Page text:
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Messaging System

Messaging System is a common approach to transfer data between systems and applications. A producer generates a message containing some information that is transmitted to the consumers.

We can do this via direct communication via TCP connection between producer and consumer. However, such a system allows communication between exactly one producer and one consumer. Also what happens if producers are producing messages faster than the consumers can consume, And what happens if consumer nodes go down?

Depending upon the application, a popular way to send a message is via a message broker or a queue.

Message Brokers

Messaging System

Message brokers (or Queues) run as servers sitting between producers and consumers. Producers can produce messages to the message broker. On the other hand, consumers can receive messages from the broker. Thus it helps to decouple different interacting systems providing them an asynchronous way of messaging.

One or more producers can communicate with one or more consumers using such messaging systems.

Producers can now produce data at any rate without worrying about the rate at how data is consumed or who is consuming the data.

These systems can tolerate consumers going down and coming back and messages can be persisted in the broker from the time they are produced by the producers till the time they are consumed or even later depending upon the implementation.

Messaging Patterns

Two common ways of handling the Messages are Load balancing and Fan-out

Load Balancing

Each message in the queue is delivered to exactly one of the consumers. In general, multiple consumers will be present in the system parallelizing the processing of the messages from the queue. Once the message is extracted by the consumer, it is removed from the queue. This pattern is generally used to process messages that result in long-running tasks and you want to achieve some parallel processing.

Load Balancing

For example, Your credit card company generates a statement of transactions at the end of the billing cycle and sends an email with the statement. Such a system can be implemented by a scheduler that fetches user information from the DB and generates a message in the queue for processing data for each customer. A separate application receives this information, fetches data about the user transactions, crunches numbers, generates the statement, and delivers the email in our inbox.


Each message in the broker is delivered to all the consumers, allowing multiple consumers to listen to the same message and perform different tasks. This pattern is used to process messages that have to be handled in multiple ways by different systems.


For example: While logging in to some applications, we receive the same passcode via text and email. Such a system can be implemented by sending all passcode messages through a messaging system and having Text messaging application and Email messaging application listen to the same message.


We can combine the two patterns by using two consumer groups ( containing multiple consumers) listening to the same messages, such that each consumer group receives all messages but within a consumer group only one of the nodes receives each message. Kafka uses such an implementation.

Benefits of using a Messaging System:

Buffering: Messaging Systems provide a way to buffer the messages, persisting them in the broker (in memory or disc) while they wait to be processed by the consumers. Allowing our systems to deal with sudden traffic spikes up to some extent. Message Delivery Guarantees: Using techniques described above messages are guaranteed to be delivered and processed by the consumers before they are marked as processed allowing retries in failure scenarios. Easy Scaling: Because of the asynchronous nature of messaging systems and fault tolerance and configurability, it is rather easy to scale software systems that use messaging systems for communication, allowing multiple producers to communicate with multiple consumers. Separation of concerns: Using a messaging system allows us flexibility in architecture by making the producers and consumers independent.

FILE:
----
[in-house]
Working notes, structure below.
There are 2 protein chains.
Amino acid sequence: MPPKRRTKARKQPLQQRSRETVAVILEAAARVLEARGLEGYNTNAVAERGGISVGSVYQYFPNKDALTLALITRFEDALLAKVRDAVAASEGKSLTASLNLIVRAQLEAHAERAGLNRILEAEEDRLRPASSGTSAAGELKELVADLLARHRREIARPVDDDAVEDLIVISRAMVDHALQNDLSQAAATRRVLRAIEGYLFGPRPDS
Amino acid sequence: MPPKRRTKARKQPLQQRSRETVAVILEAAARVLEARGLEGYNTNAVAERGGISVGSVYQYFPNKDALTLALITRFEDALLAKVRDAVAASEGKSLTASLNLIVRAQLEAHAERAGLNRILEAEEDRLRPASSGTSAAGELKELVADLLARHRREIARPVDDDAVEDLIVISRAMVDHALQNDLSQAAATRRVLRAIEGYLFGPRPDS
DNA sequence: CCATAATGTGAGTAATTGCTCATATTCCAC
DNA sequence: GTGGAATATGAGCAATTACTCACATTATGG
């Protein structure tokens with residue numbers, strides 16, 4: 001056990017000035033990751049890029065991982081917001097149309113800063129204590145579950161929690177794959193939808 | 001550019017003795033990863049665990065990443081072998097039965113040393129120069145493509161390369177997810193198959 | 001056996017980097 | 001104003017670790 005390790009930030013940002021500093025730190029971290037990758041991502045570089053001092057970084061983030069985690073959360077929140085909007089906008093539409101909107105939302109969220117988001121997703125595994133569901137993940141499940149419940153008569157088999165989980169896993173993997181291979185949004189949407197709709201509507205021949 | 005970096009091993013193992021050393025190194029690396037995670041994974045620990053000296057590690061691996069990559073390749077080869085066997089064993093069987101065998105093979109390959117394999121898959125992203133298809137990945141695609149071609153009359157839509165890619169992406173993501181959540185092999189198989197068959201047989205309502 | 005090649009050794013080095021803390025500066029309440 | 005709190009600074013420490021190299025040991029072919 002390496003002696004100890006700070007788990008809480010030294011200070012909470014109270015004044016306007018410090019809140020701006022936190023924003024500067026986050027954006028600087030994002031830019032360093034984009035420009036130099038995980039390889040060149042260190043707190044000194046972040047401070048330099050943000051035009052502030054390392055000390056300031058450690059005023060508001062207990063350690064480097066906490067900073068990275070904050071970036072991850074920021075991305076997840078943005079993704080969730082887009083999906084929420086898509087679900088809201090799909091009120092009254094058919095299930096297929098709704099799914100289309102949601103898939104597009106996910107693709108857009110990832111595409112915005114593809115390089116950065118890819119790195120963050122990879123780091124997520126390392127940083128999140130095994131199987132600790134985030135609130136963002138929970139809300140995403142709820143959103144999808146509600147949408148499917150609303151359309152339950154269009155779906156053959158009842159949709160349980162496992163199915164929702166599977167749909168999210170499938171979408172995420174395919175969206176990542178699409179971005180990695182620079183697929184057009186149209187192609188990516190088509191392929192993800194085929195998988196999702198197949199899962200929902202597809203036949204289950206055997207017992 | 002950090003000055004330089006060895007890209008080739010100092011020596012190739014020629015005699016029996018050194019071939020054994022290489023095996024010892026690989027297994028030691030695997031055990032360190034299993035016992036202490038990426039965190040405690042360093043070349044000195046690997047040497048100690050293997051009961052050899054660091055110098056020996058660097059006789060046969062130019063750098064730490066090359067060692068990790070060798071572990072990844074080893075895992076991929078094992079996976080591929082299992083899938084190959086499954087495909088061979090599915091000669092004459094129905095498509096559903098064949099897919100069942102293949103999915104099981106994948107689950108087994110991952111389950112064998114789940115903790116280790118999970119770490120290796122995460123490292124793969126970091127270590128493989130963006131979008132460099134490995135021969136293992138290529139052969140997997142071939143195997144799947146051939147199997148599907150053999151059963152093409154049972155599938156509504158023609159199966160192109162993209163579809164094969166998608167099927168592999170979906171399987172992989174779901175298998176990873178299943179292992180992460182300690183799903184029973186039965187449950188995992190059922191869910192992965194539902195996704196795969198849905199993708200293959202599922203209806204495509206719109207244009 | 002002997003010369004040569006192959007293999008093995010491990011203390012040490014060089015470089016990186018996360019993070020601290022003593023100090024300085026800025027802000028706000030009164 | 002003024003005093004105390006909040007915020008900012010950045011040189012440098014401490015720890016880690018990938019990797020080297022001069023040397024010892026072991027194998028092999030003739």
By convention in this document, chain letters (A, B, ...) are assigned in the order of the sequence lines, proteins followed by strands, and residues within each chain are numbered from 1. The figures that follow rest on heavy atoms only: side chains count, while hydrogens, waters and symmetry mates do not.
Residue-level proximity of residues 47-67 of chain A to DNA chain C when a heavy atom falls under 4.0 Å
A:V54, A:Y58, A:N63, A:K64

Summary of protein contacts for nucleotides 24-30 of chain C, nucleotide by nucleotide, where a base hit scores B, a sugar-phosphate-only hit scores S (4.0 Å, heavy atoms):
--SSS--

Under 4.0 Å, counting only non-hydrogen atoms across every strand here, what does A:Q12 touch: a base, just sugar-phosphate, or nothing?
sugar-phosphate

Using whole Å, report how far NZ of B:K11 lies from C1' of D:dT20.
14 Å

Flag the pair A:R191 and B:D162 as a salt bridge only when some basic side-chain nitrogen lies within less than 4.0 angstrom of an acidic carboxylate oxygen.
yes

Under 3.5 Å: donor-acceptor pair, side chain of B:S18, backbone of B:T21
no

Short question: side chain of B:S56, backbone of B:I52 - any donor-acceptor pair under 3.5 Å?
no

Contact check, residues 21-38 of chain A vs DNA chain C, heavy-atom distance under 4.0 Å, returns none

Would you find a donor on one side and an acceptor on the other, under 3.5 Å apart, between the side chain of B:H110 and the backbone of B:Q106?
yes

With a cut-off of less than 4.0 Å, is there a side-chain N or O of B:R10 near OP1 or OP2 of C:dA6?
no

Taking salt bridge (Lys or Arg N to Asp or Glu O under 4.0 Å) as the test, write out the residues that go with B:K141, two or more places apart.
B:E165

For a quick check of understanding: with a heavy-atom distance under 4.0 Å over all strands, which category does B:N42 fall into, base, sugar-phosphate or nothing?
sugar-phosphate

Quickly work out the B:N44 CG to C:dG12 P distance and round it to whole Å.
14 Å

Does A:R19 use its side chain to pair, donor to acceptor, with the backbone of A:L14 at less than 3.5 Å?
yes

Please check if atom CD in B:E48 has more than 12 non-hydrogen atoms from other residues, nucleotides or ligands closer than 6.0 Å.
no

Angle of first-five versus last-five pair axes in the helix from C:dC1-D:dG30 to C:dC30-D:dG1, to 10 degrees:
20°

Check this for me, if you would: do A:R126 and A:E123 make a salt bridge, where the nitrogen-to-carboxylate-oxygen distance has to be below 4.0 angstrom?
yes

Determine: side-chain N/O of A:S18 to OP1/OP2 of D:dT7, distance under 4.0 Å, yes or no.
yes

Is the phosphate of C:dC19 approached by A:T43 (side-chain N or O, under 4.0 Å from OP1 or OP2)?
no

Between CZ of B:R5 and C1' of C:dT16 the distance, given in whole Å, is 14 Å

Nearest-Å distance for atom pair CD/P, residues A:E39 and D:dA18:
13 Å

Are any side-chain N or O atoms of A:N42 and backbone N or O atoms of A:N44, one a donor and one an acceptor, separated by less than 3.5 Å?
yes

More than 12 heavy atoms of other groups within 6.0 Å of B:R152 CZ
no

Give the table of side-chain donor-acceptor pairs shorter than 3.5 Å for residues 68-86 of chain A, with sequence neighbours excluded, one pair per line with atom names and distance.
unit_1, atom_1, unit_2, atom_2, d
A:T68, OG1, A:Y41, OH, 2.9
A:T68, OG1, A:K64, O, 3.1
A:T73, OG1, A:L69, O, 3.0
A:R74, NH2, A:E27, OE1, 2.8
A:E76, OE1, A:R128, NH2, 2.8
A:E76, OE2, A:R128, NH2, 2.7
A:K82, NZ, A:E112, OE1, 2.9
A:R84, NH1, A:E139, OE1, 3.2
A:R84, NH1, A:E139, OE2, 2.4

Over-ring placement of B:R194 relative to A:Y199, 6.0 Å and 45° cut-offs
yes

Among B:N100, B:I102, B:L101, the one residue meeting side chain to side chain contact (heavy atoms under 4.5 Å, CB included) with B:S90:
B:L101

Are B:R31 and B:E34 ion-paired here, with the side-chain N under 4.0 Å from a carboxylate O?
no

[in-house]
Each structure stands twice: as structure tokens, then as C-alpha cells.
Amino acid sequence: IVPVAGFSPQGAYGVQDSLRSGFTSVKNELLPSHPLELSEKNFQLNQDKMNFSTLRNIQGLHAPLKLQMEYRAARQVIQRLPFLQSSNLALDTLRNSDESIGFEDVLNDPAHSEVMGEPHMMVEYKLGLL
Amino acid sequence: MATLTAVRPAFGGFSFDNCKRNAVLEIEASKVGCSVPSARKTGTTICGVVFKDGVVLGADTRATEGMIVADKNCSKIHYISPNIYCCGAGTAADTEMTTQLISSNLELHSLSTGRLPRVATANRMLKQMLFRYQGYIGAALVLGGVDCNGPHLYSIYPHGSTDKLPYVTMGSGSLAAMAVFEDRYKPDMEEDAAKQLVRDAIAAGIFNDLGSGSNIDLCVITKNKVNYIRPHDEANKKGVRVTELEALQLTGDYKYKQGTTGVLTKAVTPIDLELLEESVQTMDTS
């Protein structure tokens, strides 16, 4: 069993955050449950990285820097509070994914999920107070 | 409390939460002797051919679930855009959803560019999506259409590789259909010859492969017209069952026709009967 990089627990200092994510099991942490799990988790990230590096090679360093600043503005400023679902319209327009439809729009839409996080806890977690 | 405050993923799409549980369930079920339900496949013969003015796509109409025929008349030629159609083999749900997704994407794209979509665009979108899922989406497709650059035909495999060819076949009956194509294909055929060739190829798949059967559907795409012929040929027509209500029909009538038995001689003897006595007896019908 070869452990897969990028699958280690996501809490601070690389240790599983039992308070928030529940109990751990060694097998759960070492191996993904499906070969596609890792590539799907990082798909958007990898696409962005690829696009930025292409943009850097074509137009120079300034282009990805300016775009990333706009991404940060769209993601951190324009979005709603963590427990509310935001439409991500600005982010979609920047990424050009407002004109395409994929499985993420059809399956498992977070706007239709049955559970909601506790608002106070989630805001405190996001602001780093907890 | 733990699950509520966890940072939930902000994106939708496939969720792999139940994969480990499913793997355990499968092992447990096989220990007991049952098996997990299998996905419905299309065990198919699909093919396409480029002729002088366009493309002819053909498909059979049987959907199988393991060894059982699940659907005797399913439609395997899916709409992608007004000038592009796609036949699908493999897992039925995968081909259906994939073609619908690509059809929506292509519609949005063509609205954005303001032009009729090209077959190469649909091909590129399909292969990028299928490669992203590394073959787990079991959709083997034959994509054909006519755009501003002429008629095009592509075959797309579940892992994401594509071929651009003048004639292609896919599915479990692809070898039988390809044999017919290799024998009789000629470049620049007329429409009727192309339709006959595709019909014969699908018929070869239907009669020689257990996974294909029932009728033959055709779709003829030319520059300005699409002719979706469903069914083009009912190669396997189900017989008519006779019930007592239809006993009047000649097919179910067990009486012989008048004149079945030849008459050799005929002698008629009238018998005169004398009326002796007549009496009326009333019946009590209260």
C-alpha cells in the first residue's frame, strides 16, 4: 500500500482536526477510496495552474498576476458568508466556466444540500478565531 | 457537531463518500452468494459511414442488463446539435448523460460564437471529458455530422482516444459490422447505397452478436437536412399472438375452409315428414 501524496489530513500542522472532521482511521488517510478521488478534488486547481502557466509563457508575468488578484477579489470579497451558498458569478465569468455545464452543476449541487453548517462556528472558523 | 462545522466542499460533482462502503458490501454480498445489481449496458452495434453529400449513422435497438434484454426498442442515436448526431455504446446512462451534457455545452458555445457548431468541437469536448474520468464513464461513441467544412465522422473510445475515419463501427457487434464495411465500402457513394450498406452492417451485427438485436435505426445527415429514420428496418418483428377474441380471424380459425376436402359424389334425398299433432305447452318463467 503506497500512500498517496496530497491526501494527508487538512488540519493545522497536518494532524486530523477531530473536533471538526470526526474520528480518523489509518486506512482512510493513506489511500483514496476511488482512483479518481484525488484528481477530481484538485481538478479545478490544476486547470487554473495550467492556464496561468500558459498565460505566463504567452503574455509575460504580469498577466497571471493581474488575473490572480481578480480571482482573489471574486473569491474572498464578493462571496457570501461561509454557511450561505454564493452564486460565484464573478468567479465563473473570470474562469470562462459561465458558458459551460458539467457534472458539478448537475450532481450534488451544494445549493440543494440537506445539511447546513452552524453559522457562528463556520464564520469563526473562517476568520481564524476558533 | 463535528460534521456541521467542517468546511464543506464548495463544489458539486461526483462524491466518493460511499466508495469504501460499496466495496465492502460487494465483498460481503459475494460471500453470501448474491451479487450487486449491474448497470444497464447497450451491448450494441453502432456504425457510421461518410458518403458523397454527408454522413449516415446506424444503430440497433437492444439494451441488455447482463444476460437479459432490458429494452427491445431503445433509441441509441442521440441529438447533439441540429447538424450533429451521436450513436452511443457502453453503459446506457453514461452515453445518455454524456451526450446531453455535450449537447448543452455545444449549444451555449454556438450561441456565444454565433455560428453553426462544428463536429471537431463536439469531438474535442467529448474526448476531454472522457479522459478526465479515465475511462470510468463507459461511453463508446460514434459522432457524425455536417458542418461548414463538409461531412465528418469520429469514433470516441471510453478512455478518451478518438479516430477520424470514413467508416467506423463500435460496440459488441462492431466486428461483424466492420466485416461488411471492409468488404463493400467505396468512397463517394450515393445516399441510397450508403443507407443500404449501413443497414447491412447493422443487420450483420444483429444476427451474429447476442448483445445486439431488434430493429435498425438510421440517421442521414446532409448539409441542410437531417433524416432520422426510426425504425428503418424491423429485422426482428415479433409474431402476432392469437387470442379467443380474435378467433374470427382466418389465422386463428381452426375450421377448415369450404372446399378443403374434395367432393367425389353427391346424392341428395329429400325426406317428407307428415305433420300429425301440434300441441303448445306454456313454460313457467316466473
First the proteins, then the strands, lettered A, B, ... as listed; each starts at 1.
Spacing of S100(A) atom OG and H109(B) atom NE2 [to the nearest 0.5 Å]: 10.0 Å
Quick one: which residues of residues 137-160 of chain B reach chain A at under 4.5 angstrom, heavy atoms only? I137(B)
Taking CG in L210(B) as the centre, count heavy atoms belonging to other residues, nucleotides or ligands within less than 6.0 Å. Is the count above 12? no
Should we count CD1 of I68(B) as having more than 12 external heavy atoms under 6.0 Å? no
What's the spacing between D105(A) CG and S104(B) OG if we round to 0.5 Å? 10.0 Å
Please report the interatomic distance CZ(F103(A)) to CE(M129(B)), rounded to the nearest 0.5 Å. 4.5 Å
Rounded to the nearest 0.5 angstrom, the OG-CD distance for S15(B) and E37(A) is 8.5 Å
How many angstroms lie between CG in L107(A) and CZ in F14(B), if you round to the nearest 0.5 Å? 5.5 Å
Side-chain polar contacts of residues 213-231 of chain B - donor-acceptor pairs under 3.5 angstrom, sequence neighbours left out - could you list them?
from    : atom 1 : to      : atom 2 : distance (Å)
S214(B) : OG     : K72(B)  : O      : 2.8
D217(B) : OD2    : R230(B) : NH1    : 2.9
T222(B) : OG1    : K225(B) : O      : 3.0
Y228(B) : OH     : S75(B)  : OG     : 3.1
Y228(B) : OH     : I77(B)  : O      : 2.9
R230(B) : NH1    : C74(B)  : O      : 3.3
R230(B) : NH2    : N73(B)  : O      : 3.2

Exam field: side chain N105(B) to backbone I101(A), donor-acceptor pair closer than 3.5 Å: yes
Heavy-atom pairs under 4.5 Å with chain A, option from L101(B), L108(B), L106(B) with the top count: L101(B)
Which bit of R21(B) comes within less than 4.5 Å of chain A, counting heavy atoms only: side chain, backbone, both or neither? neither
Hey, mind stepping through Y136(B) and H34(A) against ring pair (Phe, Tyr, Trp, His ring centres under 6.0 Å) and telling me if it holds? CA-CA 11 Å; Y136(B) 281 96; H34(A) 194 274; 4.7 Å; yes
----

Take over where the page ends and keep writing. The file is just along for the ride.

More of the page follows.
Consideration while using a Messaging System:

Back Pressure.

What happens if our system is under heavy sustained load, There are large amounts of messages flowing into the broker and it starts to grow significantly. Depending upon the server configuration, if the size becomes larger than the memory, it will result in cache misses and expensive disk reads. Having the entire system degrade under such circumstances is not the way to build scalable and fault-tolerant systems. Hence if the arrival rate is more than what the system can cope up with, can use backpressure in such scenarios by helping limit the queue size preventing throughput degradation, and maintaining good response times for the message processing. Once the broker gets filled, it can return a service unavailable using the HTTP status code 503, indicating to try at a later time.

Here is an interesting read on the this topic :

Apply back pressure

Acknowledgement and redelivery

If consumers crash while processing a message, which may result in loss of message. However, message brokers implement acknowledgments wherein the consumer must assure the message broker that it has completed processing the message and that broker can mark it as consumed and remove it from the queue.

If the broker does not receive the acknowledgment, it will assume that the message did not get processed successfully and it will redeliver the message again until it is processed with an acknowledgment. We will learn more about this when we discuss implementations of different messaging systems like Kafka, RabbitMQ, etc.